Chartiers Valley's diesel fuel contract to save money
How would you like to pay $2.86 a gallon for gas?
“I think most people would want that (deal) now,” said Nick Morelli, business director at Chartiers Valley School District.
Chartiers Valley is one of 22 school districts paying that amount — not for regular gasoline, but for the diesel fuel its buses use. The contract runs until June 30, 2013.
In 2011-12, Chartiers Valley paid $3.14 a gallon for diesel fuel.
This marks a savings of 45 cents a gallon, money that will go toward purchases in other parts of the budget, Morelli said.
“We are obviously very excited about it. Anytime you can save money like that, it is something to be grateful and excited about,” said Morelli, a member of the Allegheny Intermediate Consortium Committee.
This is the committee that solicited multiple bids for the diesel fuel contract, and eventually locked into a contract with Petroleum Trader Corp. of Indiana, Pa., for $286,000.
Forty-five area school districts are members of the Allegheny Intermediate Unit Consortium; however, only 22 purchase diesel fuel.
The AIU buys more than 3 million gallons of diesel fuel a year, Morelli said. Of that, Chartiers Valley buys about 100,000 gallons for its 57 buses.
Forty-three of the buses transport 72 students, and 14 are passenger vans that can carry 24 students, Morelli said.
Although he was not specific, Superintendent Brian White said he is looking forward to using the extra money for “instructional purposes.”
“That's what we want to do with it. It will go straight there,” White said last week.
The Allegheny Intermediate Unit Consortium will begin looking at the gas price trends again at the beginning of the year, Morelli said. Bids will be sought sometime in May.
Jeff Widmer is a staff writer for Trib Total Media. He can be reached at 412-388-5810 or firstname.lastname@example.org.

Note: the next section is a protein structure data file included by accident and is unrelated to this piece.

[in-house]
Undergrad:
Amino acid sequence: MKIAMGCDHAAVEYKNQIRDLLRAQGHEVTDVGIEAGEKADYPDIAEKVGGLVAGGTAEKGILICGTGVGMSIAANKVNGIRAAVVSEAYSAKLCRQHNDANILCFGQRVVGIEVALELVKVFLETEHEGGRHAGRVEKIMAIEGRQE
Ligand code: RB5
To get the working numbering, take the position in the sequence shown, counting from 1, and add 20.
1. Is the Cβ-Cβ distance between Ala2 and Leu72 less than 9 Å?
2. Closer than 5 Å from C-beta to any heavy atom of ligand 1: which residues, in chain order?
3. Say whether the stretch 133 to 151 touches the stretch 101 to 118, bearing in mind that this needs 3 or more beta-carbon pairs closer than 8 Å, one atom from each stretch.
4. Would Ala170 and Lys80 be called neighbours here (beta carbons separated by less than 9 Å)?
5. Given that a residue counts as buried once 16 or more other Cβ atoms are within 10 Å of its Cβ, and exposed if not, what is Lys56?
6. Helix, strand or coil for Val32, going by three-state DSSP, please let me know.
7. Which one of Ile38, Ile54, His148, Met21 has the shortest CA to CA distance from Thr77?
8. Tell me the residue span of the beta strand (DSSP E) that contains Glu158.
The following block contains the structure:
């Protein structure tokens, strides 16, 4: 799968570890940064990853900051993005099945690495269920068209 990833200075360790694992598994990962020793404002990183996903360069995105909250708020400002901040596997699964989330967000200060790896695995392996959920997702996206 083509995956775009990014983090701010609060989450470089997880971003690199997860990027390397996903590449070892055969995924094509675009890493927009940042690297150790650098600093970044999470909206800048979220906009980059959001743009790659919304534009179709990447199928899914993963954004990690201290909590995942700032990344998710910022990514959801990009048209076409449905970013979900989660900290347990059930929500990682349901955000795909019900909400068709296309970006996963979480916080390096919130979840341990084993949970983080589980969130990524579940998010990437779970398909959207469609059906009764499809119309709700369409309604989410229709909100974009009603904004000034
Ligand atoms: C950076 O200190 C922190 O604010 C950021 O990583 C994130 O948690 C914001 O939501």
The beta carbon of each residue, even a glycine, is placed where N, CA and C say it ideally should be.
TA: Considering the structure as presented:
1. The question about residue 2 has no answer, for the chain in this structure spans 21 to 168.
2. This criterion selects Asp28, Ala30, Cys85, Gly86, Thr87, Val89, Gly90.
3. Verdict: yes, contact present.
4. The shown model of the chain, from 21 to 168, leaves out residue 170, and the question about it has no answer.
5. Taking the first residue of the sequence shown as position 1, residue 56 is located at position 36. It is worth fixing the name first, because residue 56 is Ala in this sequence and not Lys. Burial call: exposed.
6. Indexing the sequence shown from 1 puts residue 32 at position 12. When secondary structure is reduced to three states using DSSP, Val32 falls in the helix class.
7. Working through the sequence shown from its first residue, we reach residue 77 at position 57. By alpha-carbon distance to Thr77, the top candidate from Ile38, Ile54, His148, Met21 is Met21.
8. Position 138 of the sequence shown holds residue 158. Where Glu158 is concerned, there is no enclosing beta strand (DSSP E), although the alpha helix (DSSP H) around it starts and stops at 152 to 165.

Show commenting policy
TribLive commenting policy
You are solely responsible for your comments and by using TribLive.com you agree to our Terms of Service.
We moderate comments. Our goal is to provide substantive commentary for a general readership. By screening submissions, we provide a space where readers can share intelligent and informed commentary that enhances the quality of our news and information.
While most comments will be posted if they are on-topic and not abusive, moderating decisions are subjective. We will make them as carefully and consistently as we can. Because of the volume of reader comments, we cannot review individual moderation decisions with readers.
We value thoughtful comments representing a range of views that make their point quickly and politely. We make an effort to protect discussions from repeated comments either by the same reader or different readers.
We follow the same standards for taste as the daily newspaper. A few things we won't tolerate: personal attacks, obscenity, vulgarity, profanity (including expletives and letters followed by dashes), commercial promotion, impersonations, incoherence, proselytizing and SHOUTING. Don't include URLs to Web sites.
We do not edit comments. They are either approved or deleted. We reserve the right to edit a comment that is quoted or excerpted in an article. In this case, we may fix spelling and punctuation.
We welcome strong opinions and criticism of our work, but we don't want comments to become bogged down with discussions of our policies and we will moderate accordingly.
We appreciate it when readers and people quoted in articles or blog posts point out errors of fact or emphasis and will investigate all assertions. But these suggestions should be sent via e-mail. To avoid distracting other readers, we won't publish comments that suggest a correction. Instead, corrections will be made in a blog post or in an article.
- New digital media center debuts at Chartiers Valley
- Oyler: Vacation allows family bonding, exploration of new places
- Bridgeville, South Fayette libraries look to replace director
- Carnegie library brings Broadway flair to fundraiser
- Family rolls into Bridgeville with ice-cream truck dream
- Fundraiser in Bridgeville to help family after liver transplant
- Architect says South Fayette district is ready for next step in school expansion
- Carnegie looks to address borough’s flooding trouble spots
- South Fayette Giant Eagle open for business
- Town Talk: Carnegie family plans May 2015 wedding
- Carnegie massage business clears hurdle